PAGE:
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After 17 years of marriage, we’d bought houses and had kids together but still hadn’t really committed. When discussing the race with Jen, there was some confusion and emotion over the difference between couldn’t and shouldn’t do the Three Peaks. We decided to spend a few days in Giggleswick at Easter so she could have a good look at Whernside and take things from there. Inevitably she entered and, in doing so, I lost a member of my support team and took on an extra set of kit to prepare.
In previous years my preparation has been quite meticulous. This year we went on holiday instead. That holiday did though involve riding from the Atlantic to the Mediterranean on cyclocross bikes: LA MAMA
When we got back home from France we did a token bit of running. I hurt my leg but Jen looked pretty good!
In the workshop
(if you’re more interested in the race and suffering than the bikes, you might want to scroll down a bit!)
All cycling families have an underlying objective of getting all members on the same number of gears and the same wheel/axle size/spec. One of us deciding to, for example, move to Campagnolo would be as complex and divisive as Brexit. I’ve very nearly got us all on 700c, 12mm front & rear axles and Shimano/SRAM 11spd. The last cyclocross bike upgrade for our eldest son Douglas resulted in him getting my old SRAM Force brakes and gears. This left the door ajar for me to get something new. I went for the new Shimano GRX Di2!
This is a real game-changing groupset. It is Shimano’s first dedicated 1x system. The best bit is the Di2 shifter itself. The brake lever pivot is 15mm higher than other levers, meaning that on-the-hoods braking now feels more like the power of MTB brakes than road brakes. The hand position on the slender hoods is far more secure than other Shimano or SRAM options, meaning you can tackle more difficult terrain in this position.
I had hoped to have the ‘sub levers’ (also known as ‘cross top’ levers, and fit either side of the handlebar stem) for the race but these are not available yet. Next year…!
The rear derailleur easily handles the 42 tooth sprocket I’d be needing for the Three Peaks.
With my hitherto chief supporter Jen now riding, we were a bit short on personnel. We decided to team up with old Uni friends Leon and Vicky Gierat. Leon was riding 160mm disc rotors on the front so we had to swap all our bikes over to 160 to make all spares compatible. This is easy with flat-mount brakes but Jen’s post-mounts required some digging around for adapters in the box of spares (and thieving from my fatbike).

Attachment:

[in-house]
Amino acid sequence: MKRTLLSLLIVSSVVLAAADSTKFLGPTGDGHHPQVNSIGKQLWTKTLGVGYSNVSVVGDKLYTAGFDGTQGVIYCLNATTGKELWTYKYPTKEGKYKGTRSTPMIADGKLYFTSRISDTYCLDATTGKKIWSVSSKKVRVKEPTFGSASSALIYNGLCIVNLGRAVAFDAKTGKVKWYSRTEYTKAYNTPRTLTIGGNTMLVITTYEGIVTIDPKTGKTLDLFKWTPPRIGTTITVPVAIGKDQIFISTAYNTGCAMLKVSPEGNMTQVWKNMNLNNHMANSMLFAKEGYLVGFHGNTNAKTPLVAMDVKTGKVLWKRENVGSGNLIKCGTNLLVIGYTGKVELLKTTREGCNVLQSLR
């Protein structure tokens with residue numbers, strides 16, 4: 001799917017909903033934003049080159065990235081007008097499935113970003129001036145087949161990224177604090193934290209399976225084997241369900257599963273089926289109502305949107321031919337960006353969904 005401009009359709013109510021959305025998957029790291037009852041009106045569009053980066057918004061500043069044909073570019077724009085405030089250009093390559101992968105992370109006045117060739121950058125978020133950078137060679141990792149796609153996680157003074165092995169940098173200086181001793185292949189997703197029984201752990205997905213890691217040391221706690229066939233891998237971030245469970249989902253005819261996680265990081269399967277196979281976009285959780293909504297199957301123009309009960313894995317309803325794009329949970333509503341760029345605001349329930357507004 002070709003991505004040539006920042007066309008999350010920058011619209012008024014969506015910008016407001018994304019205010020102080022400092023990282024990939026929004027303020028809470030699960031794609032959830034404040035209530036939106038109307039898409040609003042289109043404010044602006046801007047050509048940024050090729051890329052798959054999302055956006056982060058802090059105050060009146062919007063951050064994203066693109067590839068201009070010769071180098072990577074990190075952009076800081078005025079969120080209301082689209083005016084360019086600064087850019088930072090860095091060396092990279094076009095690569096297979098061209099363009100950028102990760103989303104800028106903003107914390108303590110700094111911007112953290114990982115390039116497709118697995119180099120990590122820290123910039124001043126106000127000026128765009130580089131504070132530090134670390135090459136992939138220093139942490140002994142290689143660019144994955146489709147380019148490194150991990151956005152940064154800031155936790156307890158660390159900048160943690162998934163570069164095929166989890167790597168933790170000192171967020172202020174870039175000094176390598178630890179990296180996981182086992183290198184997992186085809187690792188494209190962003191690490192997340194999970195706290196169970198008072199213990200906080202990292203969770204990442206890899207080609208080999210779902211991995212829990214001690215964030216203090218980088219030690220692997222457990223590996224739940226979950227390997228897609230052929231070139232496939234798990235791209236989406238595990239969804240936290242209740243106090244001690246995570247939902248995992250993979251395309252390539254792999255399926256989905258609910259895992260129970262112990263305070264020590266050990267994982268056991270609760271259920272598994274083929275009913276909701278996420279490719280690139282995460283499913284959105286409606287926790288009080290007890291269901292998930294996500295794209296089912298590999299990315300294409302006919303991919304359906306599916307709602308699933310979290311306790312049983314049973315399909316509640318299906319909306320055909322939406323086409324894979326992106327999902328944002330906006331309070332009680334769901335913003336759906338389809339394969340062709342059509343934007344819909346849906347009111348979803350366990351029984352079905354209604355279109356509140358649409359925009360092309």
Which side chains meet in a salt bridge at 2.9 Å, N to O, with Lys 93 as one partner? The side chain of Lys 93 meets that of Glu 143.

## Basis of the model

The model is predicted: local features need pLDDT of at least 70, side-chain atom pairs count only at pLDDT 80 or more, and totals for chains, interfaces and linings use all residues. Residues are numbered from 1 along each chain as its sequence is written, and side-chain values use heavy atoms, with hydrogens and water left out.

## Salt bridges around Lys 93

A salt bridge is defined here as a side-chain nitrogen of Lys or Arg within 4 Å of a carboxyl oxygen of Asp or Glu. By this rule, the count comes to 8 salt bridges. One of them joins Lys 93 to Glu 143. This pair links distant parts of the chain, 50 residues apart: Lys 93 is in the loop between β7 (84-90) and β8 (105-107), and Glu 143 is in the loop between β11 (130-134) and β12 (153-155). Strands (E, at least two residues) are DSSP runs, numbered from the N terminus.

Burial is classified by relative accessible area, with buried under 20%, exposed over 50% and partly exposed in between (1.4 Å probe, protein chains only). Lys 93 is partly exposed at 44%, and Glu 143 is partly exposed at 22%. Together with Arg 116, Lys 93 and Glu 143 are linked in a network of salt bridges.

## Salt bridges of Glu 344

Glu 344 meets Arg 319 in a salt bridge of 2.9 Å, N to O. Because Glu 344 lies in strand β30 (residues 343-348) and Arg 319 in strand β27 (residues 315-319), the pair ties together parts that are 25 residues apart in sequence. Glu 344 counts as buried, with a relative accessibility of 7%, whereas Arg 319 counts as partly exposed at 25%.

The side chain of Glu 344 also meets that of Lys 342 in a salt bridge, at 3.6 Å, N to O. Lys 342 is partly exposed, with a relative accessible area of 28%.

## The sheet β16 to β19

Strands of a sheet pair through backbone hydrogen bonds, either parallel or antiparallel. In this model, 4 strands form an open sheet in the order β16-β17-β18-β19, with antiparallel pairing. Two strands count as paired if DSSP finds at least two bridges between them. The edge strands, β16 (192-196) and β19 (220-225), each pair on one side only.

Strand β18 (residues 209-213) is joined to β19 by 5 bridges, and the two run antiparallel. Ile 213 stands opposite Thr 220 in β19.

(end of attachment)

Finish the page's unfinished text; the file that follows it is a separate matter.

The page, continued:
With four bikes and a further two pairs of wheels, we needed to make sure that all the wheels fitted all the bikes without needing to re-adjust gears or brake calipers. In theory, there shouldn’t be any issues, as all our Novatec wheels have the same spacing. However, the Novatec Alpine 29er wheels don’t actually come with a 12mm front axle option so I modified on my antique lathe some spare 15mm end caps Novatec sent to me. Jen’s Ridleys have unusually deep slots in the front dropouts so I also had to turn down some end caps to fit these.
While I’d got the lathe up-and-running, I thought I could also save some money and weight by making my own Dynaplug insertion tool. Dynaplugs are the ultimate tubeless tyre repair system. The plug itself is a short length of sticky chord with a pointed metal tip that you spear into the tyre. Upon withdrawing the insertion tool, this tip remains inside the tyre and the sticky chord seals the hole. Dynaplug sell a range of snazzy insertion tools. Mine is rather more minimalist and I taped it to my stem.
2 SIS caffeine gels (one consumed on the start line)
1 SIS standard gel
2 Clif bars
2 SIS caffeine gels (one consumed on the start line)
1 SIS standard gel